In an ongoing recession that has been difficult for many parts of the country, Cleveland, OH, has had the dubious distinction of being the second most impoverished city in the nation, after Detroit. Census numbers from 2010 indicate that one of every three Cleveland residents lives below the poverty line, and the unemployment rate was hovering over nine percent this summer.
But Cleveland is determined to turn itself around, and it’s now gaining attention for its innovative and successful approach to community economic development. Cleveland is home to the Evergreen Cooperative Corporation (ECC), a network of worker-owned cooperatives built to meet the supply and service needs of local businesses, government offices, and organizations while building wealth and assets within the community.
The city was ready to take part in the Evergreen experiment, having been burned in the past by the conventional ways of bringing business to the city.
“We used to offer all kinds of tax abatements and other incentives to get businesses to move here, but then after a few years, another city would offer other encouragements and many would move away,” says Tracey Nichols of Cleveland’s Department of Economic Development. “Instead of pursuing that model, we want to work on building a healthy economic environment that will endure.”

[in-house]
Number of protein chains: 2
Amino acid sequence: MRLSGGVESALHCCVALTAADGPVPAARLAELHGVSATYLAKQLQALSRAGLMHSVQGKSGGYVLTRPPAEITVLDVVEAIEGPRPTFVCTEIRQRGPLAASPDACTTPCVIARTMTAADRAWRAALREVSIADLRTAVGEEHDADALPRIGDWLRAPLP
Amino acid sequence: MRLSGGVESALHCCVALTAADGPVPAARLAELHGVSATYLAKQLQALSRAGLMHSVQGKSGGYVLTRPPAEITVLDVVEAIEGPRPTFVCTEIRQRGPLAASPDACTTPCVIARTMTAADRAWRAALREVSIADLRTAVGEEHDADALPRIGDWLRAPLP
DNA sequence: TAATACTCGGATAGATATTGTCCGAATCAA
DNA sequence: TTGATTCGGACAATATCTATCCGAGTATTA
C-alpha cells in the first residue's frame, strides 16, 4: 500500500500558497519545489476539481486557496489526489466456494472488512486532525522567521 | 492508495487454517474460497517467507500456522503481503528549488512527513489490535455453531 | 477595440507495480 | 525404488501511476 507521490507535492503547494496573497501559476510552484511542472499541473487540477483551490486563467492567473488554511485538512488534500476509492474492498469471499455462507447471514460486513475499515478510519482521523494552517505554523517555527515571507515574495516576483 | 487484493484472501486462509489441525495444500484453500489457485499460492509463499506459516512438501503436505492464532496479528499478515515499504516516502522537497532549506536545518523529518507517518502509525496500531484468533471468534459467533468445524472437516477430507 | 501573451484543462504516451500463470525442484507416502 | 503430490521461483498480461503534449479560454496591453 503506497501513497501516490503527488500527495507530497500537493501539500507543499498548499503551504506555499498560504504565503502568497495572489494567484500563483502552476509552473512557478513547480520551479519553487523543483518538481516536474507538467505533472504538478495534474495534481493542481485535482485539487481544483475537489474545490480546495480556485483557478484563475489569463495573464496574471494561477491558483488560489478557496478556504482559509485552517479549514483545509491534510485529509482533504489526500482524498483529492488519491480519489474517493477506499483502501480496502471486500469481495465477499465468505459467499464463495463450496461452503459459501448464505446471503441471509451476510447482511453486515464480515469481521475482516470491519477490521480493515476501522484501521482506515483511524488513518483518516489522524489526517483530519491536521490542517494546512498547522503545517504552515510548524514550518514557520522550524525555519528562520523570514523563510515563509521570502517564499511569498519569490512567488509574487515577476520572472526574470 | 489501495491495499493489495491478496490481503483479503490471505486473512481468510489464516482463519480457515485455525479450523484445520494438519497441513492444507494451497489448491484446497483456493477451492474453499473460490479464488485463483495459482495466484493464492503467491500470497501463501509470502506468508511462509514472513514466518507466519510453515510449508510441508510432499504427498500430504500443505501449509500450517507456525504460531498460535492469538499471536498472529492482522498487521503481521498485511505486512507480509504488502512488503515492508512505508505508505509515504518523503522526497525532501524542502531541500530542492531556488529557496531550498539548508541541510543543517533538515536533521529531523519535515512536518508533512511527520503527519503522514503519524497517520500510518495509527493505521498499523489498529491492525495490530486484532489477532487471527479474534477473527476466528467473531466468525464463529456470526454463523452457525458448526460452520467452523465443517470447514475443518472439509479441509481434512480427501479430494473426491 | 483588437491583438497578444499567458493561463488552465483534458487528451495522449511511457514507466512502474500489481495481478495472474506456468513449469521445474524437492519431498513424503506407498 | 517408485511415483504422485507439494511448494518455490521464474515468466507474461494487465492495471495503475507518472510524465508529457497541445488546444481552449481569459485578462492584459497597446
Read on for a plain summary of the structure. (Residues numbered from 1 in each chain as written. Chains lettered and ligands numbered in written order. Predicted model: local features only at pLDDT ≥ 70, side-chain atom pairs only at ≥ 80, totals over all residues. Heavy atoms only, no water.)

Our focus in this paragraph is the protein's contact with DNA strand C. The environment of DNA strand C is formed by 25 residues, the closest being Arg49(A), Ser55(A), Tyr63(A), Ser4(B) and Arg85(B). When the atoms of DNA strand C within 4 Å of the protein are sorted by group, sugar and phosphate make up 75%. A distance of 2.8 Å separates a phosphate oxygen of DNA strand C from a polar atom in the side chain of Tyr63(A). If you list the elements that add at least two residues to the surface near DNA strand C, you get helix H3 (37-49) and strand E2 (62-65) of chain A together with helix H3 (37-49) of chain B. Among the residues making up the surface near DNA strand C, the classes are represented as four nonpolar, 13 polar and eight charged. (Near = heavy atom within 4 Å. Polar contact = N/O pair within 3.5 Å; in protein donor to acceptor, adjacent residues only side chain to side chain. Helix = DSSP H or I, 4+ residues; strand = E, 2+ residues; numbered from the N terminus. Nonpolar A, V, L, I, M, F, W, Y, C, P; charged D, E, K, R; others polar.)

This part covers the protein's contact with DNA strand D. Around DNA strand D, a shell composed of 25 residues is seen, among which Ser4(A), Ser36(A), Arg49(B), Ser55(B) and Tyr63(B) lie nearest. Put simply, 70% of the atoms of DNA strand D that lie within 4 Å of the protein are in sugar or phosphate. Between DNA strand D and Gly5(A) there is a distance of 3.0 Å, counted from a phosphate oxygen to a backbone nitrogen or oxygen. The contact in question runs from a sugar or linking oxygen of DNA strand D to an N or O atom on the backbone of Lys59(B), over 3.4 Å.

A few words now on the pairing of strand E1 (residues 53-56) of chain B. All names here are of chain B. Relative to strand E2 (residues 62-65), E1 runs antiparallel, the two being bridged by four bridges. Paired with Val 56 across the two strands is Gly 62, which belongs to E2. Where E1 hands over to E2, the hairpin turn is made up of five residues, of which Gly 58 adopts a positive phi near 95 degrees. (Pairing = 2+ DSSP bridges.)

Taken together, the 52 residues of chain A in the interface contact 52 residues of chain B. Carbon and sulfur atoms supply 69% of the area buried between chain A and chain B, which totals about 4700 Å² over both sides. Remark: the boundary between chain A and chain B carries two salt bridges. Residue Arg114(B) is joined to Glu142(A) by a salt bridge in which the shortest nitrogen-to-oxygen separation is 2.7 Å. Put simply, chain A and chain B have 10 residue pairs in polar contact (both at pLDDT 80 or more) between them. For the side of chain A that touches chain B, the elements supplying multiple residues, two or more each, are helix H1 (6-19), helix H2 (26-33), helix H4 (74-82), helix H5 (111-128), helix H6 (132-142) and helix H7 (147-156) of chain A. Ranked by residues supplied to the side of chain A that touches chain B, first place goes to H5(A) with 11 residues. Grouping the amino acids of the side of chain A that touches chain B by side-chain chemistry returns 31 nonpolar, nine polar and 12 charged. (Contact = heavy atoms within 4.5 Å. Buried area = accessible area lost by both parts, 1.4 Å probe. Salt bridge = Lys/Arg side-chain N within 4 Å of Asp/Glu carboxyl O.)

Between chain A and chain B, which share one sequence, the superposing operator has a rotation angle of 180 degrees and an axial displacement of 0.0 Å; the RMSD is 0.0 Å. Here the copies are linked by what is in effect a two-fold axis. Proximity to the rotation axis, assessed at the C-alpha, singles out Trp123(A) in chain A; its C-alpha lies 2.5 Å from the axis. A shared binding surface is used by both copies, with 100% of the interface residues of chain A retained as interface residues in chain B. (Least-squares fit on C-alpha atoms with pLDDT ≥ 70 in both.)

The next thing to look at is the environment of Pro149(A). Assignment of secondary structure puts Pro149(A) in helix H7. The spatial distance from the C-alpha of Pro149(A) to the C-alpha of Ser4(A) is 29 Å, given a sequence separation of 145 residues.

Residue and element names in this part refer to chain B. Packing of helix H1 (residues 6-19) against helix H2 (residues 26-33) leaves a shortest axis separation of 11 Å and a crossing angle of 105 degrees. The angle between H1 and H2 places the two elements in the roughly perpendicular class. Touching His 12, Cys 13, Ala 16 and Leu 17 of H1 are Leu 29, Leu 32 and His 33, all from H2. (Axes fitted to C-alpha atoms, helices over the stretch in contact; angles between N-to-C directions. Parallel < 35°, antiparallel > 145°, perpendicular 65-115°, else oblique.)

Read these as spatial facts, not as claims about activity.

Bringing Jobs and Money Back
Evergreen was formed in 2008 after the Cleveland Foundation brought together over 40 stakeholders to establish a vision for the revitalization of Cleveland’s Greater University Circle (GUC) region, which includes the city’s university and hospital districts, as well as six residential neighborhoods. The GUC included working-class and impoverished areas with little employment opportunity, despite the fact that they surround some of Cleveland’s largest institutions.
The group realized that local “anchor institutions”—like hospitals and universities— spend $3 billion on goods and services each year. What if they could keep that $3 billion in Cleveland, they asked, and leverage it to benefit the community?
The institutions, it turned out, were eager to source more of their needs locally.